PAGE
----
I’ve worked at Toyota 30 years and there hasn’t been a time when someone didn’t say, ‘We have to do bold, exciting design.’ It always goes on. The benchmark for achieving that and where we need to go, and the vision for how high we can go is another story. The vision and the bar are set very, very high by Akio Toyoda and everyone is working hard to achieve his vision of where the company needs to go.
[Hasn’t Design always been part of the program?]
Design is way more part of the conversation now. Early on we are included in the platform development, determining proportions, height, length, overhangs, width tracks—designers are now engaged with Engineering closely to ensure that from the beginning we have a good foundation to start with so we can style a beautiful car. I think you’ll start seeing some examples of that come to fruition soon. It’s a more holistic approach having design and engineering working more closely together.
We were basically handed an engineering package—make this thing beautiful. We were like, ‘Wait a minute, there are a lot of issues here that aren’t working well. We can only do so much.’ The company understands that to get beautiful design, we have to work together from the beginning. It can’t be an afterthought later on.
[Why designers should know more than just Design.]
If you really want to work with Engineering closely in a production capacity, it really pays to know how cars are put together, the challenges of manufacturing, the Engineering thought, the cost side. So you can make realistic proposals.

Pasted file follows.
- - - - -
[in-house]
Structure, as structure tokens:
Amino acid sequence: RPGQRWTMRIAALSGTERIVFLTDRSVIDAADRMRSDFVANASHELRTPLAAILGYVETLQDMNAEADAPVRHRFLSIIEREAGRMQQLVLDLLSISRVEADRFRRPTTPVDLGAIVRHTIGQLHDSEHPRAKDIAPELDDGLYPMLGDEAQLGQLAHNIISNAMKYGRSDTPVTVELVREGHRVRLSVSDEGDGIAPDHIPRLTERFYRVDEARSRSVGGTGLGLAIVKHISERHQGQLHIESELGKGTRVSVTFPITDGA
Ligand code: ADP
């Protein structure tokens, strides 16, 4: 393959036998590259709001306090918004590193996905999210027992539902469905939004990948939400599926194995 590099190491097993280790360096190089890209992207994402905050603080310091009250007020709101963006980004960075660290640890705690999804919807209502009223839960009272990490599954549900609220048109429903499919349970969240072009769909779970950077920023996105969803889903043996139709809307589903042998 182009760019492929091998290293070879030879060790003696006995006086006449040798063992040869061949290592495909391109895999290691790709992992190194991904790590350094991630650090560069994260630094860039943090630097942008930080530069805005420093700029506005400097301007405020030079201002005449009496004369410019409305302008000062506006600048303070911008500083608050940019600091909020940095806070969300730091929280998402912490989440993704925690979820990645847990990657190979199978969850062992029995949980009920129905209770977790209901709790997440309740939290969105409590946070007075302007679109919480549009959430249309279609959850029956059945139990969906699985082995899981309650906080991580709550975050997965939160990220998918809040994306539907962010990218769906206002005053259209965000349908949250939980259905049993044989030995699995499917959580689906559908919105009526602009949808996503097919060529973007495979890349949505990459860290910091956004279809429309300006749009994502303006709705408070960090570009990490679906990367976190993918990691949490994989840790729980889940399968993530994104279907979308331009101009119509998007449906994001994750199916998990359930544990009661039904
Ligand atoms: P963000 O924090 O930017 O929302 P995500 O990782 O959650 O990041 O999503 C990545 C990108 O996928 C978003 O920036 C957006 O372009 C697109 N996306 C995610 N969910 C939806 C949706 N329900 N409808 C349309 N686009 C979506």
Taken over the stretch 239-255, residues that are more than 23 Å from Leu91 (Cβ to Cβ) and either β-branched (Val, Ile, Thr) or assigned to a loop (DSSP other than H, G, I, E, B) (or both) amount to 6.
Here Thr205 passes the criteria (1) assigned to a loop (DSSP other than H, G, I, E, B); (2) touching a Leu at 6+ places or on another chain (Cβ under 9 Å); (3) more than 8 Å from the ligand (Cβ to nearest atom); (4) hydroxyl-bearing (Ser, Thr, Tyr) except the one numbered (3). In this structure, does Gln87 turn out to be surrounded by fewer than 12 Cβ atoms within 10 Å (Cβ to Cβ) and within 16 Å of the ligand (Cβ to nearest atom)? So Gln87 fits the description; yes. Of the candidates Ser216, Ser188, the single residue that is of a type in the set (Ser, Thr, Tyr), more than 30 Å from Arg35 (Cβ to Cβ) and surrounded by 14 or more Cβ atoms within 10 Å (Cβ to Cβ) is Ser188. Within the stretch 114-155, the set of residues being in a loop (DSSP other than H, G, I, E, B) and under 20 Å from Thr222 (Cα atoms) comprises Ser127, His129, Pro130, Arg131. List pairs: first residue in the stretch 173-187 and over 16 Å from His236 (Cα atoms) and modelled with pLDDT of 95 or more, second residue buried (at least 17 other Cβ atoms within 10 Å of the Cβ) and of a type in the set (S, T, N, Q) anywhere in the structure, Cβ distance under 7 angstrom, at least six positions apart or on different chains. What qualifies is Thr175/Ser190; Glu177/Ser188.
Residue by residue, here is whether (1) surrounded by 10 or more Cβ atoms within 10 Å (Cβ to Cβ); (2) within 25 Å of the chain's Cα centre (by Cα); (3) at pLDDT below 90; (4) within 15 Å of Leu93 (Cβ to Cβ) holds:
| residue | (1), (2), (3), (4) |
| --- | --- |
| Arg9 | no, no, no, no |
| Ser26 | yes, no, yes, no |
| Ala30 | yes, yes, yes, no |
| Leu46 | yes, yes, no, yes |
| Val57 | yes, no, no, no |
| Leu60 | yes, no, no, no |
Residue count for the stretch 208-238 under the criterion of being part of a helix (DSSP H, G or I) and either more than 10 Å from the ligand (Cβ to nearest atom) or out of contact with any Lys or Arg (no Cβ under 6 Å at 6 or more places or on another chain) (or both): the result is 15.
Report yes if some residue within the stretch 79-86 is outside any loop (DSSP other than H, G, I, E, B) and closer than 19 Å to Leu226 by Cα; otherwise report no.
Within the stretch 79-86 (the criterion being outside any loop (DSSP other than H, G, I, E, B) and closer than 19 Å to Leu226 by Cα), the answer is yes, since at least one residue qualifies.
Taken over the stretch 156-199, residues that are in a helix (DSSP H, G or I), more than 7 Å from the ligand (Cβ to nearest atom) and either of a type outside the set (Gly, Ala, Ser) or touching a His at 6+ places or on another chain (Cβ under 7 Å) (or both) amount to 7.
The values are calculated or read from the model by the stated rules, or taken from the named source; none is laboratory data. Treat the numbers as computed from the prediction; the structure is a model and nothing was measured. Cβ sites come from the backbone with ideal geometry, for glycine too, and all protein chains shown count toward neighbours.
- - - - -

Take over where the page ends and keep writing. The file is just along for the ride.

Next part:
But I think the direction now at Toyota is to challenge engineering, to get them out of their comfort zone—the things they know and things they’re used to—so that we can move head on design.
[But what if Design proposes something out of the norm—like something that can’t be readily stamped?]
It happened on the 2013 Avalon, on the quarter panel. The engineers said, ‘How are we going to do this? The depth of draw is greater than we’ve ever experienced, the radius tightness is something we haven’t achieved.’ But with Avalon we started early working with Engineering, we had a design early, and they started doing testing early in manufacturing. Production engineering started very, very early, working out trial stampings on areas that were going to be extremely challenging. As a result, we learned a lot as a company and expanded our capability in the stamping area so now Design can propose deeper draws and tighter radii and these can be achieved.
[The engagement of engineers.]
The great thing about engineers is once they see something that is really great, beautiful and intriguing, they want to achieve it. The spirit in Engineering at Toyota right now is really fantastic.
[Creative or Technical: Which is better for the young designer?]
Creative is number one in my mind. Ideas are everything right now. Tools are something we can teach somebody. That’s a skill set. Creativity is hard to teach. I think it is an aptitude. A person’s life experience is part of it. It is a special talent. That’s what I go after. We can teach them the other things, how cars are put together, and how to use Photoshop. But most have those tools, anyway, because they couldn’t visually communicate if they didn’t.